It is undisputed that additional amounts are withheld from Mrs. James' gross earnings, for union dues and for health insurance benefits. App. 12a, 17a. Mrs. James alleged, in addition, that she had other work-related expenses, "including SEPTA fares, lunches and job-related clothing expenses," and that the combination of these expenses and of the amounts mandatorily withheld "far exceed the 'Standard Work Disregard' of $55 per month." App. 12a (complaint, p 36.). The existence and the amount of these additional work-related expenses are not disclosed by the record and neither is the amount of the additional "mandatory" withholdings. The defendant Secretaries did not, however, dispute Mrs. James' allegations in their motions for judgment on the pleadings. Neither have the Secretaries questioned the finding of the district court that Mrs. James' claim is "typical of the claims" of the class.
The complaint, naming as defendants only the state defendants, was filed on April 9, 1982, after the district court granted Mrs. James' motion to proceed in forma pauperis. App. 2a. On April 14, 1982, the state defendants moved to bring in the Secretary of HHS as an additional defendant, in order to ensure that, in the event the state regulations were invalidated, PDPW would not be denied federal financial participation for failure to conform to federal regulations. This motion was granted on April 19, 1982. Also on April 14, 1982, plaintiffs filed an amended complaint and moved for a temporary restraining order or preliminary injunction. The court at that time also had before it the motion of state defendants for judgment on the pleadings.
On June 21, 1982, the court delivered its findings of fact and conclusions of law from the bench. The court denied plaintiffs' motion for preliminary injunction. Deeming defendants' motion for judgment on the pleadings to be, in light of the expanded state of the record, a motion for summary judgment, the court granted summary judgment for defendants. An order so providing was entered on June 22, 1982, and plaintiffs filed a notice of appeal from that order.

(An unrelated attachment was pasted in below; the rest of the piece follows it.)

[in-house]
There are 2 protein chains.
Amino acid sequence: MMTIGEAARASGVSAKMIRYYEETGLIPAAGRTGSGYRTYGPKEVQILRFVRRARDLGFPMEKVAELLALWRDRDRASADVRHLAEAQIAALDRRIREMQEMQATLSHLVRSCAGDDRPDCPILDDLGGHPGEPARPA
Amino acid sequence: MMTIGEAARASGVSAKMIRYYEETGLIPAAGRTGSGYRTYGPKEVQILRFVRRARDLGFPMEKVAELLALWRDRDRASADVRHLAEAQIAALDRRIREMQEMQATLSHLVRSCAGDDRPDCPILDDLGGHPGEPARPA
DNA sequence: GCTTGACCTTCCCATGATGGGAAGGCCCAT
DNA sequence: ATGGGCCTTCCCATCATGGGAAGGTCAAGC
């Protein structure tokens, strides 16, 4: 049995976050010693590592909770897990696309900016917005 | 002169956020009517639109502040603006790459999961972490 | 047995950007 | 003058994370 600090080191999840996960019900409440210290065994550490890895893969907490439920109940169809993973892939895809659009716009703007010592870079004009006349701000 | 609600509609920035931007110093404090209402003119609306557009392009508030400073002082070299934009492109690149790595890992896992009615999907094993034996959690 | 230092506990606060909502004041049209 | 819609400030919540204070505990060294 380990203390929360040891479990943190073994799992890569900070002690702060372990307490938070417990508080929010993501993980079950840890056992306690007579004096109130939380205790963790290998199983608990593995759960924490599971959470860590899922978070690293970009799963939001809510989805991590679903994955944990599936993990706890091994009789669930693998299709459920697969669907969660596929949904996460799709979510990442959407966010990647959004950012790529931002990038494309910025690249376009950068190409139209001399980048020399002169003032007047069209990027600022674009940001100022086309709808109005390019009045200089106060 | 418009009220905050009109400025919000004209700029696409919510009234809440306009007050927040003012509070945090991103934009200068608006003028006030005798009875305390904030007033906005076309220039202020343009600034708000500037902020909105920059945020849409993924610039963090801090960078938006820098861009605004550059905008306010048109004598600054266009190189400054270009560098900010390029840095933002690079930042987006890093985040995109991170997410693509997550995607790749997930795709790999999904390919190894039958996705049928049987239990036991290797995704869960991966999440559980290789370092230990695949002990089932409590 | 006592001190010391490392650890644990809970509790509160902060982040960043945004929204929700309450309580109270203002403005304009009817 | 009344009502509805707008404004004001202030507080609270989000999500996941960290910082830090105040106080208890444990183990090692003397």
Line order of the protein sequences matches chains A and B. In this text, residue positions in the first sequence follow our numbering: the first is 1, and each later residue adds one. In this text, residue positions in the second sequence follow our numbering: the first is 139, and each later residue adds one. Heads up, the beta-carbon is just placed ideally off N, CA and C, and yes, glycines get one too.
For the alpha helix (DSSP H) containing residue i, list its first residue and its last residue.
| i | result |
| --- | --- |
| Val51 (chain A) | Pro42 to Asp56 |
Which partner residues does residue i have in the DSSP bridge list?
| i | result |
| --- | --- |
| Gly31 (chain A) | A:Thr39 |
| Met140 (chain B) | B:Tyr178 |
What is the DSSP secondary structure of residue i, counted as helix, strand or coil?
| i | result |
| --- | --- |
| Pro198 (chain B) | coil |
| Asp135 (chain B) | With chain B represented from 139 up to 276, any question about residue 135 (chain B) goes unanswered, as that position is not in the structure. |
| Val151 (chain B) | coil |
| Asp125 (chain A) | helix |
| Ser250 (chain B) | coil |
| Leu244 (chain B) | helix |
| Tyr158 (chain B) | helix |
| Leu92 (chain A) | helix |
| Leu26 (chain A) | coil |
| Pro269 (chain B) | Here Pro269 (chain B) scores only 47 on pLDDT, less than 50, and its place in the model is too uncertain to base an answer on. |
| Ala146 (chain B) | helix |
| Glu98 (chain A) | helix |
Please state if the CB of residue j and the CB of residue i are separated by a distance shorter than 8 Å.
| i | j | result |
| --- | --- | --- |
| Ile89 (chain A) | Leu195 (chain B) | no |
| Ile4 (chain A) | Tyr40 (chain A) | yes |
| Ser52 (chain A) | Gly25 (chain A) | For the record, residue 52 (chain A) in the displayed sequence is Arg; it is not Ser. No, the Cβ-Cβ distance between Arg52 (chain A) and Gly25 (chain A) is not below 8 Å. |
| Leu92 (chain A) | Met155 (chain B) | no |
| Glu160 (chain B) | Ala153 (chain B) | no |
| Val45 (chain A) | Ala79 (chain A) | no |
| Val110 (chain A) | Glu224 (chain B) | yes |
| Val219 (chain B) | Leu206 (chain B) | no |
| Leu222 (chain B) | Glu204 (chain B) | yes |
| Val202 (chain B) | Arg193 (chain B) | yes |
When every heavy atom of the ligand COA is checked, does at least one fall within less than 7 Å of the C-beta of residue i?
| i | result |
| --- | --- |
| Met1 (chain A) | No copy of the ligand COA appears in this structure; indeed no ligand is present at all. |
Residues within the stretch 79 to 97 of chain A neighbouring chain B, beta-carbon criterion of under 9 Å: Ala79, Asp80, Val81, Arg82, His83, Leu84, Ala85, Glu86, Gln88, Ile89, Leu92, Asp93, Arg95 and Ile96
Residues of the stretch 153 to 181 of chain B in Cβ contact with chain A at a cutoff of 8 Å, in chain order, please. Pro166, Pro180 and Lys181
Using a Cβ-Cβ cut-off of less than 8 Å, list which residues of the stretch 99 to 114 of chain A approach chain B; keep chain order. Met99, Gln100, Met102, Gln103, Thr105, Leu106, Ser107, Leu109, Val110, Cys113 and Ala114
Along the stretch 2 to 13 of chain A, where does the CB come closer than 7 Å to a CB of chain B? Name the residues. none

It is indeed "axiomatic," as the Ninth Circuit observed in Turner v. Prod, 707 F.2d 1109, 1114 (9th Cir. 1983) (hereinafter Turner), "that the starting point for interpreting a statute is the language of the statute itself." Consumer Product Safety Comm'n v. GTE Sylvania, 447 U.S. 102, 108, 100 S. Ct. 2051, 2056, 64 L. Ed. 2d 766 (1980) (Rehnquist, J. for a unanimous Court). Yet, as the differing results reached by the courts which have considered the present issue show, the language of sections 602(a) (7) & (a) (8) has been subject to differing interpretations. See, e.g., Dickenson v. Petit, 536 F. Supp. 1100, 1111 (D. Me. 1982) (in holding that tax withholdings are encompassed in work expense disregard and not to be deducted separately, the court also stated that "earned income" ... is thus a subset of the more general category of "income."); Turner v. Woods, 559 F. Supp. at 613 (in holding that tax withholdings are to be separately and additionally deducted from "earned income," stated that regulatory definition of "earned income" is flatly inconsistent with regulatory definition of "income"); aff'd. Turner v. Prod, supra.
In 1981 Congress, as part of the many budgetary limitations enacted in the Omnibus Budget Reconciliation Act, Pub. L. 97-35, 95 Stat. 357-933 (1981), legislated significant changes in the method by which various amounts were to be disregarded from the earned income of AFDC beneficiaries for purposes of determining their eligibility and benefits. These changes were set out in detail in Section 2301 of OBRA, which provides, in relevant part, as follows (underlining added):
Sec. 2301. Section 402(a) (8) [42 U.S.C. § 602(a) (8) ] of the Social Security act is amended to read as follows:
[A State plan for aid and services to needy families with children must ...]
"(8) (A) provide that, with respect to any month, in making the determination under paragraph (7), the State agency--